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Royal Rescue Mass Market Paperback – April 7 2015

4.6 out of 5 stars 14 ratings

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Product details

  • Publisher : Love Inspired Suspense; Original edition (April 7 2015)
  • Language : English
  • Mass Market Paperback : 224 pages
  • ISBN-10 : 0373446632
  • ISBN-13 : 978-0373446636
  • Item Weight : 99.8 g
  • Dimensions : 10.69 x 1.5 x 16.79 cm
  • Customer Reviews:
    4.6 out of 5 stars 14 ratings

Product description

About the Author

Faith has always held an important place in Tammy Johnson’s life. Two of her biggest dreams were being a mother and becoming a Harlequin author. After raising and homeschooling four children, her writing dream came true. Now Tammy enjoys sharing her faith by writing stories of strong heroes and heroines who find strength in their beliefs to overcome danger and fear. She is a country girl at heart and lives in a small Kansas town with her teenage son and dachshund.

Excerpt. © Reprinted by permission. All rights reserved.

It was easy to get lost in a crowd. Years of hiding had taught her that.

Thea James had gotten quite good at it, too. Her life had become a montage of staying one step ahead, never remaining in one place very long, keeping people at arm's length. That was the part she disliked the most—never getting too close.

Two things had gotten her through the past fourteen years of loneliness. The first and most important was her faith. The other was this day.

Her brother, Leo, was to meet her here. Meeting once a year was the one risk they took that neither could go without, and this remote Missouri city was a central location for both of them.

She checked her watch, hoping it would show she was early. They always timed it just right—5:00 p.m. in front of the courthouse. Surrounded by people all in a hurry to get home to warm houses and home-cooked meals, they could go unnoticed. For a few blissful, irreplaceable moments they could be themselves once again.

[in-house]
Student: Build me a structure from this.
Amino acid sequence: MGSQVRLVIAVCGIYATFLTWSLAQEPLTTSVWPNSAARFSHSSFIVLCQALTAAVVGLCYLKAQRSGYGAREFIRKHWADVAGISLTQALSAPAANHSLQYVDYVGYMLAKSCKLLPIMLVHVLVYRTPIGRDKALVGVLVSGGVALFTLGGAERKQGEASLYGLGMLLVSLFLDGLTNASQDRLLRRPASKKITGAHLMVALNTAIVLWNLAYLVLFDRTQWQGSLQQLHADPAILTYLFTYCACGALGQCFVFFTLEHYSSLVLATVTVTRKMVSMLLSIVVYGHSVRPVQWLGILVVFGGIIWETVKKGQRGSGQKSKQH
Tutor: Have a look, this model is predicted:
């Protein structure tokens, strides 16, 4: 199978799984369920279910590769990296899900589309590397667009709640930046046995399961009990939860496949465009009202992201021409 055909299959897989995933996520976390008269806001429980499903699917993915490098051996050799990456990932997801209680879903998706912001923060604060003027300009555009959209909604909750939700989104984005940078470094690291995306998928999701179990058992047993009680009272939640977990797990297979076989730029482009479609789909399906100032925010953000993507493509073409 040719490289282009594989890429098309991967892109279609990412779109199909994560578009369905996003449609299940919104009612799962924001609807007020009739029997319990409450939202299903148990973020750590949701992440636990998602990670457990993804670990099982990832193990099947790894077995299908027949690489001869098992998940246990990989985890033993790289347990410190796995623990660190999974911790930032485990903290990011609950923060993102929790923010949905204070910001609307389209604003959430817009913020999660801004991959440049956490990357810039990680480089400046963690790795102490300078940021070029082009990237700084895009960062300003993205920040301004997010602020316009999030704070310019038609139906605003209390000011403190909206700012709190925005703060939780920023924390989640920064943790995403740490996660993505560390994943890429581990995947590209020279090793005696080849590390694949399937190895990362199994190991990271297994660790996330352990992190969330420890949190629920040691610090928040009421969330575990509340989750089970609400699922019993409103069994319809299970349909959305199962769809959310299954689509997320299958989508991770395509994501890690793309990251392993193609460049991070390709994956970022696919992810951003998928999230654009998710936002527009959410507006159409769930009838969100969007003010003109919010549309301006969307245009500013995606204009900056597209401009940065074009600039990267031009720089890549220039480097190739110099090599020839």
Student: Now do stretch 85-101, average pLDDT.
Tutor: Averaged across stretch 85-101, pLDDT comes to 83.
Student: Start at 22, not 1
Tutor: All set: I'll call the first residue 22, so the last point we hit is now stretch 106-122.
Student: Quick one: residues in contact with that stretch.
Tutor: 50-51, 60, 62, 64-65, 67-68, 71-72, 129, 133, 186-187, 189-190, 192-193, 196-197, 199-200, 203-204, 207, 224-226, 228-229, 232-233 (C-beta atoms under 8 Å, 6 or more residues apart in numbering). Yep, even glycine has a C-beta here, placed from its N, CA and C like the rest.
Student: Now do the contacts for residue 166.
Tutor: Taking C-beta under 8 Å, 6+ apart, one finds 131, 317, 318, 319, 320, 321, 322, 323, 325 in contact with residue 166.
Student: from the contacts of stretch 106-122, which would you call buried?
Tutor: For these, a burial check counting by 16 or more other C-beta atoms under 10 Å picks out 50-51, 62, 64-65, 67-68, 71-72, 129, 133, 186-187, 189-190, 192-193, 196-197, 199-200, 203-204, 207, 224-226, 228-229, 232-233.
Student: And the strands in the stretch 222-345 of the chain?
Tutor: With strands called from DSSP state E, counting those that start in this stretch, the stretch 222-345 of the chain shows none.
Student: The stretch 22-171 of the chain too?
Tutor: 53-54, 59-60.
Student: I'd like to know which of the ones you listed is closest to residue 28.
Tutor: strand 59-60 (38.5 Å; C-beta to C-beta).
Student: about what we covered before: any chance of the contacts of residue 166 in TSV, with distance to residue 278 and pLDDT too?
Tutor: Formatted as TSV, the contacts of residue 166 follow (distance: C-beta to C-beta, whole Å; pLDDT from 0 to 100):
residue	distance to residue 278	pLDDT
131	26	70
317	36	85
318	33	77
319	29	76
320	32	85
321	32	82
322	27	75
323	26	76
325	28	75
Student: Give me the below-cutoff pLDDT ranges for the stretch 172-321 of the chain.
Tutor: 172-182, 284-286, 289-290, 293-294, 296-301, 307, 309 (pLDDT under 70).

Thea adjusted the ball cap on her head, making sure her hair was still tucked up neatly beneath its worn edges. She pulled her oversize winter coat tighter and glanced around, searching for the matching cap her brother said he'd wear so she could spot him more easily. A gust of freezing wind blew against her. The icy chill in the air reached through her skin, grabbing her heart.

People bustled around her. Most of them had their heads down, scarves draped in front of their faces to protect against the biting wind. No one gave her a first glance, let alone a second, but still she sensed it.

Something was wrong.

Her fingers tightened around the medallion in her pocket. The raised family crest on its surface had nearly worn smooth from the many times she'd rubbed her fingers over it. It was all she had left of her family. Her past life faded away more and more every day into something that felt less like a memory and more like a dream. Ever since the attack at the safe house last week she'd been on edge. Every loud noise reminded her of gunfire, and every stranger was someone who might mean her harm.

But this was more than nerves.

She took a deep breath and whispered a quick prayer for strength.

The hair spiked on the back of her neck as a voice spoke behind her.

"Come with me." The words were spoken so low for a brief moment she thought she'd imagined them, that the wind had merely carried a memory to her. A firm hand grasped her elbow and she jerked around to face a man wearing a red cap identical to hers. But he was neither a memory nor her brother.

Her eyes darted around her, checking the escape route she'd planned earlier.

"That's not a good idea." He spoke as if sensing her intent to run. His voice was soft and steady with a warm whisper of empathy. "You really don't want to attract attention. Do you?"

Thea glanced up into the brightest blue eyes she'd ever seen. An eyebrow arched as he studied her, waiting for a reply. Deep in his eyes she saw a hint of compassion. But if she'd learned nothing else these past few years, she'd learned compassion could be faked. He was right in thinking she didn't want to make a scene, but if he thought she'd just stand here and meekly do as he asked, he thought wrong.

"The way I see it, you are far more likely to gain attention if you try to stop me," she said.

His grip tightened on her arm. Her eyes flew to his fingers—long and manly, they held her with a firm, confident grip.

"Maybe, but do you really want to put your theory to the test?" He tugged her against him as he spoke. Even through the layers of his heavy winter coat, she could feel his strength, sense his controlled power.